What is ice?
Effects of ice
Tolerance and dependence
Ice use in Australia
What is ice?
"Ice" is a common name for crystal methamphetamine. It is more potent
than other forms of amphetamine, including the powder form that is sometimes referred to as "speed".
This means that ice generally has a stronger effect that lasts for longer than other forms of amphetamine. It also has stronger side effects and a worse "comedown".
Amphetamines, including crystal methamphetamine, belong to a group of drugs called stimulants. They speed up the messages going between the brain and the body.
As well as "ice", crystal methamphetamine is known as crystal, meth, crystal meth, shabu, tina or glass.
What does it look like?
Ice appears in a crystalline form that can range from large, clear-coloured, "sheet-like" crystals through to a crystalline powder. It can also appear in a range of colours.
How is ice used?
Ice is usually smoked or injected. It is also snorted or swallowed.
Effects of ice
Effects vary from person to person, and may be immediate or long-term effects. They will depend on the size, weight and health of the person taking ice, whether they are used to taking the drug, whether other drugs are present in their body, and of course, the amount taken.
It can be very hard to judge the amount taken, as the quality and strength of drugs can vary greatly from one batch to another.
There is no safe level of drug use. Use of any drug always carries some risk—even medications can produce unwanted side effects. It is important to be careful when taking any type of drug.
Depending on how ice is taken, the effects may be felt immediately (through injecting or smoking) or within 30 minutes (snorting) and approximately 20–30 minutes if swallowed. Some of the effects that may be experienced after taking ice include:
Low to moderate doses
feelings of euphoria, excitement and a sense of wellbeing
feelings of confidence and motivation
sense of power and superiority over others
restlessness, repeating simple acts
nervousness, anxiety, agitation and panic
irritability, hostility and aggression
feeling more awake and alert, reduced need for sleep and difficulty sleeping
abrupt shifts in thought and speech that can make people difficult to understand
enlarged (dilated) pupils
increased breathing rate
shortness of breath (from smoking ice)
increased heart rate and blood pressure
irregular heart beat, palpitations
stomach irritation (if swallowed)
increased body temperature
faster reaction times
feelings of increased strength
itching, picking and scratching.
A high dose of ice can cause a person to overdose. This means that a person has taken more ice than their body can cope with.
The risk of overdose increases if the strength or purity of the ice is not known.
Injecting ice increases the risk of overdose due to large amounts of the drug entering the blood stream and quickly travelling to the brain.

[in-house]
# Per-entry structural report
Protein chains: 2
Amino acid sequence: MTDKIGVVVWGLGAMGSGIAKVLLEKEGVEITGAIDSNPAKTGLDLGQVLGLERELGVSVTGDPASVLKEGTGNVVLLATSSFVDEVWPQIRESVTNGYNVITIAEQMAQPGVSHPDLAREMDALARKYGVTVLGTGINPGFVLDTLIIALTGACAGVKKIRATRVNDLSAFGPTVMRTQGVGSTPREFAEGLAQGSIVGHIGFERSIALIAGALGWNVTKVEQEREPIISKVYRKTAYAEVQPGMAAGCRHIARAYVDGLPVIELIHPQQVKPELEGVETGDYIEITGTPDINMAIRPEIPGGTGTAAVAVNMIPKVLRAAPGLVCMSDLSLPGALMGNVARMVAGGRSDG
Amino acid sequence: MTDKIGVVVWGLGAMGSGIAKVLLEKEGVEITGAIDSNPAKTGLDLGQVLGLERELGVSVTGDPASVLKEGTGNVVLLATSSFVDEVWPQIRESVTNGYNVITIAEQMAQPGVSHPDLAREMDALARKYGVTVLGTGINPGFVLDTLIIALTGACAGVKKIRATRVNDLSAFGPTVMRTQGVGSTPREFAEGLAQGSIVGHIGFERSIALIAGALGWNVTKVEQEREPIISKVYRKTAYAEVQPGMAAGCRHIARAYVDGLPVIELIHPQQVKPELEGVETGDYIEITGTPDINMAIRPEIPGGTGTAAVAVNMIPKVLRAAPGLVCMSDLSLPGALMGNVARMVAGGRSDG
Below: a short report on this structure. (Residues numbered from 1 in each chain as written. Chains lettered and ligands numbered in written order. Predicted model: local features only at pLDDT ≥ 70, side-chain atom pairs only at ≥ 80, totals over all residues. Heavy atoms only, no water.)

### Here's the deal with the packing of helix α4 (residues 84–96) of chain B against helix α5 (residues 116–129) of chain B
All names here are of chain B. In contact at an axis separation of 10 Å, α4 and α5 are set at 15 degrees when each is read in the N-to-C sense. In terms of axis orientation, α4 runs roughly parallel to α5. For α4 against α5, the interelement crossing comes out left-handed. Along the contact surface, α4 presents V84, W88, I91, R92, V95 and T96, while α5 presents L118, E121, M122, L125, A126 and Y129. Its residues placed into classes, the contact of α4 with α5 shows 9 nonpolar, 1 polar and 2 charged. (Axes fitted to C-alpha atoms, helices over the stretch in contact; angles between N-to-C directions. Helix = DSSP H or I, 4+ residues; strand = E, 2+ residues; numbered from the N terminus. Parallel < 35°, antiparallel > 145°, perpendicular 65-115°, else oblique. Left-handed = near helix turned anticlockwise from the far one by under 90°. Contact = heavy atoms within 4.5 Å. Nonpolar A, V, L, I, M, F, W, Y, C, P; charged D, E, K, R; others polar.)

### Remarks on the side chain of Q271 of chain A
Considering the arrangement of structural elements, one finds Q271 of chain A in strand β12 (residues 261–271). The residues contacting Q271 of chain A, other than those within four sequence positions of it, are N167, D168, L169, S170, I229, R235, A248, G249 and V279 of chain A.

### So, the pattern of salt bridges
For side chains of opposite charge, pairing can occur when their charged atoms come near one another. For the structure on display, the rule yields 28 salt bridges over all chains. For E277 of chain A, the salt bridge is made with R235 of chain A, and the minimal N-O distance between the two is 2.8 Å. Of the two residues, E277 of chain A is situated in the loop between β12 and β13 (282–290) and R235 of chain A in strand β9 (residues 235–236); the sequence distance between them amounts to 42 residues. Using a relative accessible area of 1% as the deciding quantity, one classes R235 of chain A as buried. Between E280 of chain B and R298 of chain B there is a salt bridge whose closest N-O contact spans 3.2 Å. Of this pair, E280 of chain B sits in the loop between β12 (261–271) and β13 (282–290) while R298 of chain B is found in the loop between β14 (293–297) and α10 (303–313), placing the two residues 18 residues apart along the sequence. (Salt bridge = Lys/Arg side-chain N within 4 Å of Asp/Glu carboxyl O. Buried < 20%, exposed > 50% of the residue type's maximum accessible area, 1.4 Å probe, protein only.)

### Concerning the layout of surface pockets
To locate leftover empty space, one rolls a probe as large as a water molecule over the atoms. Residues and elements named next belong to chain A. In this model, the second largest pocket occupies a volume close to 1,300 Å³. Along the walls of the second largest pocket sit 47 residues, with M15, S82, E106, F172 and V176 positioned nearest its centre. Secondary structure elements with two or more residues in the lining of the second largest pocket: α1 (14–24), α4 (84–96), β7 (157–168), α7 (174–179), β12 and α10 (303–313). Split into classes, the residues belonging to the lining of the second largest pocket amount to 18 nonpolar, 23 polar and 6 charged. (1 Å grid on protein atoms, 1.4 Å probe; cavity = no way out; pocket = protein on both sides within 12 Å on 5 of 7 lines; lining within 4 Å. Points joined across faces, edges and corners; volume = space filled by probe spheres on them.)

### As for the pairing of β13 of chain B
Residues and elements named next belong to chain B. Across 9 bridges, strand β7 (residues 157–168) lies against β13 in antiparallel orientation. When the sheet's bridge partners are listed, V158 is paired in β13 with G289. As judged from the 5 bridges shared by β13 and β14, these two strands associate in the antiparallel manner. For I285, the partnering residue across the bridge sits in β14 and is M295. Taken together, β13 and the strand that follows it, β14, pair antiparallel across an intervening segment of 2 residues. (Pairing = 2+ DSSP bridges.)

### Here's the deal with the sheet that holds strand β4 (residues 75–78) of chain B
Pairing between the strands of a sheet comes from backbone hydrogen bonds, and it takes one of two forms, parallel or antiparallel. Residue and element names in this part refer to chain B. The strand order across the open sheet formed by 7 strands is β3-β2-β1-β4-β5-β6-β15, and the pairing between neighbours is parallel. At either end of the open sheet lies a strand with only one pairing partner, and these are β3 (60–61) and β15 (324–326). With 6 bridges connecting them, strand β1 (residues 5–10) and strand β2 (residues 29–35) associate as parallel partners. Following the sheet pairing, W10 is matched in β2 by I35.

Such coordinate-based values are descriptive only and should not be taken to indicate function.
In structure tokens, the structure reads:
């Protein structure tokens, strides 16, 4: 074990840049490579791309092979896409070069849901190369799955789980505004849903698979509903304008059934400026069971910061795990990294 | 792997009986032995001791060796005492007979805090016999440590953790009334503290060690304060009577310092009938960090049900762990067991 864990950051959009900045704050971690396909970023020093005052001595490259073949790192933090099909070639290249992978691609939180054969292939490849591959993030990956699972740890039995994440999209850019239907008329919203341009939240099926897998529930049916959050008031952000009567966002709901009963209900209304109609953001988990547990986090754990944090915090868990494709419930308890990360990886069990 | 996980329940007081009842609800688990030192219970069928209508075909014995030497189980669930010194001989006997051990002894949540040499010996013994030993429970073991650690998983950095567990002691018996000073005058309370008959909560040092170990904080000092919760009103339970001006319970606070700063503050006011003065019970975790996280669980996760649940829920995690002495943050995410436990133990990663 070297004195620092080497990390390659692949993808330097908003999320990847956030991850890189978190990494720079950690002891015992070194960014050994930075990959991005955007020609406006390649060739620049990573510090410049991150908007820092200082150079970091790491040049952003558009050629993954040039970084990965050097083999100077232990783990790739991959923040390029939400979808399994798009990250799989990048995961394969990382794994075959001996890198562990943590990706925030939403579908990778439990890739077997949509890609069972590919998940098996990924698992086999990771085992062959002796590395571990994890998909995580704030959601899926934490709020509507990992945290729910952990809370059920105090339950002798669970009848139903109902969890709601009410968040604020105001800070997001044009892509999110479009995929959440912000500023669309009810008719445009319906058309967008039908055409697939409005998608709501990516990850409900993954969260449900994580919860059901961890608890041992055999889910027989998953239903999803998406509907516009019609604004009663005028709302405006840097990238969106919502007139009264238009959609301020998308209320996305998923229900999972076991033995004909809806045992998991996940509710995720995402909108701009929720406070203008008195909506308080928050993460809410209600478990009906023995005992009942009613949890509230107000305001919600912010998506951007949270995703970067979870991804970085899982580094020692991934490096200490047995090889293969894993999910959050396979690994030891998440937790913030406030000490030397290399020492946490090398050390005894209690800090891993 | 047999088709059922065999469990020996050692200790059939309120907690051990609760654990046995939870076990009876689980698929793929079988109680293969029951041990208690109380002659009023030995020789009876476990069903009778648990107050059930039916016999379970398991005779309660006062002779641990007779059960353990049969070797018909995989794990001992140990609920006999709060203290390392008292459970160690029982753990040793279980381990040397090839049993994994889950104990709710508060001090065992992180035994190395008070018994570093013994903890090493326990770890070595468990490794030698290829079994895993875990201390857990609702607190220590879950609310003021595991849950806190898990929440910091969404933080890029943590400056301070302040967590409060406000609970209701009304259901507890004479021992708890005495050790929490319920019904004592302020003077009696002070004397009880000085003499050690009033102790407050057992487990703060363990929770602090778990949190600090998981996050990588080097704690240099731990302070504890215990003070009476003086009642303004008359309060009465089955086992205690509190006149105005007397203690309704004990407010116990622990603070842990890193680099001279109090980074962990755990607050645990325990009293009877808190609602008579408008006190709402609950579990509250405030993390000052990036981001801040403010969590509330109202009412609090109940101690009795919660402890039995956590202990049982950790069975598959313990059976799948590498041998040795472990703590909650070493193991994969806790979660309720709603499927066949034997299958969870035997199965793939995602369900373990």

High doses of ice can intensify some of the effects. People may also experience:
loss of coordination
rapid pounding heart
violent or aggressive behaviour
“Ice psychosis” is caused by high doses and frequent heavy use. It is characterised by paranoid delusions, hallucinations and bizarre, aggressive or violent behaviour. These symptoms usually disappear a few days after the person stops using ice.
As the effects of ice begin to wear off, a person may experience a range of effects. These effects can last several days after use and may include:
feeling restless, irritable and anxious
radical mood swings
The long-term health effects of ice use include:
malnutrition and rapid weight loss due to reduced appetite
chronic sleeping problems
reduced immunity and increased susceptibility to infections, due to not sleeping or eating properly
cracked teeth and other dental problems from clenching the jaw, grinding the teeth, dry mouth and poor hygiene
high blood pressure and rapid and irregular heartbeat, which places stress on the heart and can increase the risk of heart-related complications such as heart attack and heart failure
increased strain on the kidneys, which can result in kidney failure
increased risk of stroke
depression, anxiety, tension and paranoia
brain damage: there is some evidence that ice can damage brain cells, resulting in reduced memory function and other impairments in thinking.
الموضوع الذي طرحه الكاتب اكبر من تعليقك المسيئ فارجو خالصاً ان تعود الي رشدك وتراحع نفسك فإن كنت من الامنجية فأعلم ان ذنبك أكبر من ذنب تلك المرأة وان كنت غير ذلك فأعلم ان النضال لتحرير السودان من قبضة الاسلامويين واجب عليك وليس سب عرض الكاتب
هذا اولاً اما ثانياً ارجو من القاضي الذي ينظر الي تلك القضية عرض المتهمة علي طبيب نفسي ففي رأي الشخصي انها فعلت ما فعلت لمرض عقلي إذ يستحيل ان تزني تلك المرأة وبداخلها هذا الكم الهائل من الإيمان وانما قد تكون فعلت ذلك تحت تأثير عقار مثلاً ومعروف ان حبوب الايس تجعل المرأة تسعي لفعل الرزيلة بأي طريقة كانت وهذا العقار المهلوس واسع الإنتشار واخيراً اتمني ان كون ذلك الخبر كاذب ولا أساس له من الصحة ومع تحياتي لكاتب المقال
ردود على ahmed
[فرويد] 05-18-2012 09:24 PM
ما هو عقار "الآيس" فأنا أعمل بحقل الطب النفسي ولم أستطع التعرف عليه ؟؟
ويا أخ جحا .. من أين لك أن الزانية لا تستحق الدفاع عنها .. هل نصبّتم أنفسكم آلهة على الناس ؟
[جحا] 05-18-2012 12:21 PM
يا محامى الغفلة يا تعيس , كيف واحد بدافع عن واحدة زانية وما تقول لى متدينة وبطيخ؟؟